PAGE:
How to React to a Failed Transfer

The days and weeks following a failed transfer can be a tough time emotionally. It can be difficult to understand how the transfer failed when the embryos looked great and your uterine lining was perfect. While science has evolved to give us incredible insight into pregnancy and IVF technologies, there is still an element of chance. Success rates of pregnancy through IVF are good, and can even be great, but they are not absolute. Failed transfers can and do happen. This does not mean that you will never achieve pregnancy or that it’s a lost cause to continue trying.

Many surrogates tell us they feel some level of guilt following a failed transfer. Thoughts of, “Was it something I did? Something I didn’t do? Something I should have done differently?” are very common. Rest assured that, so long as you followed doctor’s orders and took your medications, the answer is no. A failed transfer is not the result of anything you did or did not do.

Many surrogates also tell us that the relationship with their intended parents can feel different following a failed transfer. Often the intended parents distance themselves and become less communicative than they may have been previously. This often leads to surrogates wondering if the intended parents are blaming them for the failed transfer.

The overwhelming probability is that they are not blaming you, they are just sad that the results were negative. Many intended parents feel as though using IVF with a surrogate is a sure fire way to achieve pregnancy on the first shot. Any setbacks, especially after the long road they’ve likely already travelled on their own prior to surrogacy, can be very difficult for them to manage. They may indeed pull back from your relationship for a time, but this is done solely as a way to manage their own disappointment and sadness, not because they’re upset with you.

Understand that, in most cases, the intended parents are also giving you space to manage your own emotions following a failed transfer. They often worry that you will take the failure hard and need space as well. Don’t be afraid to continue communicating with them during the time between transfers, but understand that their replies may not be as swift or as lengthy as you’ve become accustomed to.

In most cases the relationship will self-regulate and tends to amp up again with the preparation for your next cycle and transfer. If you need to speak with someone about your emotions dealing with the failed transfer or with your relationship with your intended parents during the time between transfers, know that your Surro-Support survey is a good way to initiate communication with our staff. You can also reach out to your case specialist or Dr. Kim to talk. Your emotions are likely completely normal and appropriate, and these sounding boards can offer the support you need to get back on track and ready for your next attempt!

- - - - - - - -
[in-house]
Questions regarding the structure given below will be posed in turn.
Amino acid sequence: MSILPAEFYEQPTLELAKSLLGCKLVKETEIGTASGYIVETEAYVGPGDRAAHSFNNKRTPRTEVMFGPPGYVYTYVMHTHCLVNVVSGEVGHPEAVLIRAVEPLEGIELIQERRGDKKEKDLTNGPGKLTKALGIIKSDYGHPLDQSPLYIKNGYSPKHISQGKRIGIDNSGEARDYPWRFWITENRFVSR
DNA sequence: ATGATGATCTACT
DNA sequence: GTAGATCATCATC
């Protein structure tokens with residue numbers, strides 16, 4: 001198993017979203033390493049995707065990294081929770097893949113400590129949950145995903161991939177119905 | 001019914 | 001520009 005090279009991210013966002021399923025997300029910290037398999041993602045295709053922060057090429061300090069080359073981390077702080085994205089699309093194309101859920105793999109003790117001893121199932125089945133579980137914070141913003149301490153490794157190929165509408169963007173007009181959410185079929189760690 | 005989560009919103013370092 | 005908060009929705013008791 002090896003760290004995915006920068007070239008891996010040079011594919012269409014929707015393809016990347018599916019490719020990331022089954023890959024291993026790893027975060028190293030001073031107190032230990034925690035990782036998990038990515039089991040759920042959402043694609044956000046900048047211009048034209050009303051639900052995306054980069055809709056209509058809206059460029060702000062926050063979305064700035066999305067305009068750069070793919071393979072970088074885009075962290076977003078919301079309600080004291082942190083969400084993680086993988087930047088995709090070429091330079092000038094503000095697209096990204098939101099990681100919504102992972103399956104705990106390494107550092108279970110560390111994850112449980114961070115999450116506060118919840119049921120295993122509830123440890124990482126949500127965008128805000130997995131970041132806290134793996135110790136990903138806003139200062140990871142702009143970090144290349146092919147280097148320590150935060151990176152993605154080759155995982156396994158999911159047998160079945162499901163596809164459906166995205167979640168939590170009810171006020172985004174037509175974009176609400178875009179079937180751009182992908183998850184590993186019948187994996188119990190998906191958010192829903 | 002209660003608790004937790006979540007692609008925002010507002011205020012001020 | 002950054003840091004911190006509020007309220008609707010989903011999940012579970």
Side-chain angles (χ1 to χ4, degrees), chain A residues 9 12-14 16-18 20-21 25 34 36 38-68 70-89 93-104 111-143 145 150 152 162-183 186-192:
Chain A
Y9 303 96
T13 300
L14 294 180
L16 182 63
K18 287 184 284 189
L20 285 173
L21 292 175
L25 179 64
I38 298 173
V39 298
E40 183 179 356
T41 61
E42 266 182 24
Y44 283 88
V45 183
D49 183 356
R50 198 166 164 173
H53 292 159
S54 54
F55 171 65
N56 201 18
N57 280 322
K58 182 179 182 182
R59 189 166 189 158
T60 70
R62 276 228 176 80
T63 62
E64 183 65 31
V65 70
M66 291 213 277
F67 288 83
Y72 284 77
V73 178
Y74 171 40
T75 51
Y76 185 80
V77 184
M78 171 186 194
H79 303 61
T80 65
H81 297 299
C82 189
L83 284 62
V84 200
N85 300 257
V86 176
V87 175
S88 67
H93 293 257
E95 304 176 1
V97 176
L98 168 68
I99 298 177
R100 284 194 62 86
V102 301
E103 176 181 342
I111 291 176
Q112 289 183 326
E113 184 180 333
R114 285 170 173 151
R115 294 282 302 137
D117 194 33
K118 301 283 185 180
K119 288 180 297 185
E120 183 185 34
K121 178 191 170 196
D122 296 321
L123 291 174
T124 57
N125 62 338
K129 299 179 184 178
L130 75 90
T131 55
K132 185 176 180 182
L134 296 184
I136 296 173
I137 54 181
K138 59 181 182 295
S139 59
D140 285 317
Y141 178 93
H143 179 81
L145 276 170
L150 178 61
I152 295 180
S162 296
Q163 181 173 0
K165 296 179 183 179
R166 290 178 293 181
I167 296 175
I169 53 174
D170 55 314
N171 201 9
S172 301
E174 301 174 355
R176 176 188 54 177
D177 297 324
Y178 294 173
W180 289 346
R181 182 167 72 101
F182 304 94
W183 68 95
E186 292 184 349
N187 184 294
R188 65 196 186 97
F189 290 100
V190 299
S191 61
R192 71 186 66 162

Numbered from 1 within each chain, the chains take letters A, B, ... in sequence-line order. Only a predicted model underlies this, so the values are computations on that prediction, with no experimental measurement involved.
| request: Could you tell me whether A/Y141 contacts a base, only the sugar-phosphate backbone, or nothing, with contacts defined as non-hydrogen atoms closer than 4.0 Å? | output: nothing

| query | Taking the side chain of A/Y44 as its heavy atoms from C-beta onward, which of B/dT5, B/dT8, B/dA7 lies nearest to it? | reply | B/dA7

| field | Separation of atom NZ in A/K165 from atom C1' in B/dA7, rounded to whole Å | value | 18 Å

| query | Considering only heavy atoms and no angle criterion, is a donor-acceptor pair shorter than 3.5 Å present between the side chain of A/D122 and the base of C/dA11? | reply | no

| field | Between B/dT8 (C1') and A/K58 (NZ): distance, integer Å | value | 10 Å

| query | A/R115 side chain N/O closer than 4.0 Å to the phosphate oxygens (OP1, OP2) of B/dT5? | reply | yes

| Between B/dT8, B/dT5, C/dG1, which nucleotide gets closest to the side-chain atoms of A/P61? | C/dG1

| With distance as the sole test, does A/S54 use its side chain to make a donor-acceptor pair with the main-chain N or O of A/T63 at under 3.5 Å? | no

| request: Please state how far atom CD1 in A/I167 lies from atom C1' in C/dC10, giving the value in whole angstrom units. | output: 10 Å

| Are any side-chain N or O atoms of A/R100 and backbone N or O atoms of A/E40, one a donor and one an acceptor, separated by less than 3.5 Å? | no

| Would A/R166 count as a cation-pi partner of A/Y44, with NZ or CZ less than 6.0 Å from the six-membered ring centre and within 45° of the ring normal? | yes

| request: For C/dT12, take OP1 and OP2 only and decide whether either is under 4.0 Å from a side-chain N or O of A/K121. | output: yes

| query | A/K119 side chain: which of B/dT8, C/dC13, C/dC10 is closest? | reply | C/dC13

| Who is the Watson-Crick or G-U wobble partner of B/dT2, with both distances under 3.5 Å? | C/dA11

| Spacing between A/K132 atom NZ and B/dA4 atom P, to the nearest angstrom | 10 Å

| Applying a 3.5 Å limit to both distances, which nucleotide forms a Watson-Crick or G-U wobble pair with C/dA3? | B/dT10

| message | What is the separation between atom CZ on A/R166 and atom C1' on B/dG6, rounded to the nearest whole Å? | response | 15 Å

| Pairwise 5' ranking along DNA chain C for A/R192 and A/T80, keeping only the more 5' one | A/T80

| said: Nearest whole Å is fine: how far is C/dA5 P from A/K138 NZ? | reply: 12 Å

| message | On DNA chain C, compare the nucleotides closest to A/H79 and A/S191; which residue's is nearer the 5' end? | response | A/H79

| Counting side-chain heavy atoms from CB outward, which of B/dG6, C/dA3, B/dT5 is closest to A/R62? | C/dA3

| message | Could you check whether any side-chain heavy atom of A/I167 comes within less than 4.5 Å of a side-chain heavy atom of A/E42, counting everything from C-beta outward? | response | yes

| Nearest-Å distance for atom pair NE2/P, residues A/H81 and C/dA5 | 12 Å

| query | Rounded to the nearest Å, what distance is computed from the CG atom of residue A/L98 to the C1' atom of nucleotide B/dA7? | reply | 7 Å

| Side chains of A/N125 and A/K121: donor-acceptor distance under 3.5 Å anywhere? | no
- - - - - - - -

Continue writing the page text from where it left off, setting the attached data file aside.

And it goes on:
Kim Bergman, PhD, a licensed psychologist of 26 years, has specialized in the area of gay and lesbian parenting, parenting by choice and third party assisted reproduction for over two decades. Dr. Bergman has created a comprehensive psychological screening, support and monitoring process for intended parents, surrogates and donors. She is the co-owner of Growing Generations and is a member of the American Society for Reproductive Medicine, the American Psychological Association, the Los Angeles County Psychological Association, the Lesbian and Gay Psychotherapy Association, and the Gay and Lesbian Medical Association. She is on the national Emeritus board of the Family Equality Council. Dr. Bergman writes, teaches and speaks extensively on parenting by choice. Along with co-authors, she published “Gay Men Who Become Fathers via Surrogacy: The Transition to Parenthood” (Journal of GLBT Family Studies, April 2010). Dr. Bergman’s is the author of the book, Your Future Family: The Essential Guide to Assisted Reproduction (Conari Press 2019) as well as the children's book You Began as a Wish (Independent Press 2019). Dr. Bergman created her own family using third party assisted reproduction and she lives with her wife of 35 years. She has two adult daughters.